Phil- Re how to determine that your tank heaters are working: FWIW, just thought I would pass along my 'sperience since I had to replace the heaters on my rig a couple of years ago (the OEM gray tank heater pad was a so-so install by the factory and was lifting around the edges plus the original owner had damage on the black tank due to a blowout and the service folks who installed his replacement black tank did a turibble, turrible job on that heater.) Our tanks are likely about the same size, so my data may be helpful. I installed Ultra Heat pads after a bad experience with a poorly made (cheaper) brand. WBGO uses (made in the USA) Ultra Heat ….. same as almost all RV manufacturers, I believe. Each of the 2 large pads draw about 5.5 amps and I also have an elbow heater which draws just under 1 amp. The large pads have a built in Tstat that turns on at 44F and off at 64F; the elbow heater has no Tstat …. it is constant on when powered up. I'd wager your current draws are in that "ballpark". For a pre-trip checkout one can use a clamp on DC ammeter (takes 2 people.) One person holds a zip lock bag of ice cubes on the "bulge" at each of the pads (that's where the Tstat is) and the other observes current flow when the stat kicks in. (I did this to verify operation after my installation.) Mfr says to have at least a couple of inches of fluid in the tanks to operate the heaters (probably more to prevent excessive Tstat cycling than anything else, I believe.) I only have these installed in case I get "caught" with a surprise cold front as we like Fall season travel the best. I carry my clamp-on meter along and would plan to look for 12 add'l amps off the coach batteries when the tank heater switch was thrown to verify the pads were drawing current …. but have never had to use it. Sounds like the OP has a built-in meter which would do the same thing ………… cool. BTW- The WBGO tech I talked to about the heaters said the rig should be good to about 20F if I opened the inside cabinet doors and turned on the tank heaters ………. but I overheard him talking to others around him when I asked that question and I believe his answer was just an educated guess. West Yellowstone campers would be a better source of knowledge, me thinks. :^) Stay healthy, and safe travels.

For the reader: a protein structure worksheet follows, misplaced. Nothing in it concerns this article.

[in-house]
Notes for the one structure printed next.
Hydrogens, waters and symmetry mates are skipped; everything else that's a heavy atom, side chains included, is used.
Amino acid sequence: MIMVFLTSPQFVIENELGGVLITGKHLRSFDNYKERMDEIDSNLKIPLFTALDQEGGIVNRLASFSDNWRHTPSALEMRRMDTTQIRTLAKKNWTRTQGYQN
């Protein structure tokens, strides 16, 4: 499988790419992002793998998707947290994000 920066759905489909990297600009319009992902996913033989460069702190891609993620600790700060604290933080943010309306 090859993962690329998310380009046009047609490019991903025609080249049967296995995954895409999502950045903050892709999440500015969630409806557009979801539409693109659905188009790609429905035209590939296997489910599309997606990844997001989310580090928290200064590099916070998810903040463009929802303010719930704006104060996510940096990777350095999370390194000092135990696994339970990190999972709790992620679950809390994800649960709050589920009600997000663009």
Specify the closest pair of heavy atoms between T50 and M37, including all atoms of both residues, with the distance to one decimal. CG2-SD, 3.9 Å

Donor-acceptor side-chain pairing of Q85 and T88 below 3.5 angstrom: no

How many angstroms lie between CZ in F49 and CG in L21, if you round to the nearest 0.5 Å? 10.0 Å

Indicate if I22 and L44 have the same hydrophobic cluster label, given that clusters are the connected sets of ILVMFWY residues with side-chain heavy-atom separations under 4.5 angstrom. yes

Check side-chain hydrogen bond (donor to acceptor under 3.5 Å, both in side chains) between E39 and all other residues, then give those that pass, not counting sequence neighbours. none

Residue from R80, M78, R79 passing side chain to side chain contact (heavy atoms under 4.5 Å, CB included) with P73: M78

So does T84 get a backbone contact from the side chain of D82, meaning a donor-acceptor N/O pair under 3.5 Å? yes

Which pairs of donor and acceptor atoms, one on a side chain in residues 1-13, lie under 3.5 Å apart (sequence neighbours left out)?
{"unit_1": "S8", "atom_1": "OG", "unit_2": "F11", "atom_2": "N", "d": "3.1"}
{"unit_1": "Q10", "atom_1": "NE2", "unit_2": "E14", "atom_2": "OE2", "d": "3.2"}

youracman 06/08/20 09:48pm Class C Motorhomes
RE: Final accounting, 14 years with a Super C

To the OP: What a GREAT post. Thank you for taking the time.
youracman 05/30/20 07:30pm Class C Motorhomes
RE: tapping the top of awning to project it from the sun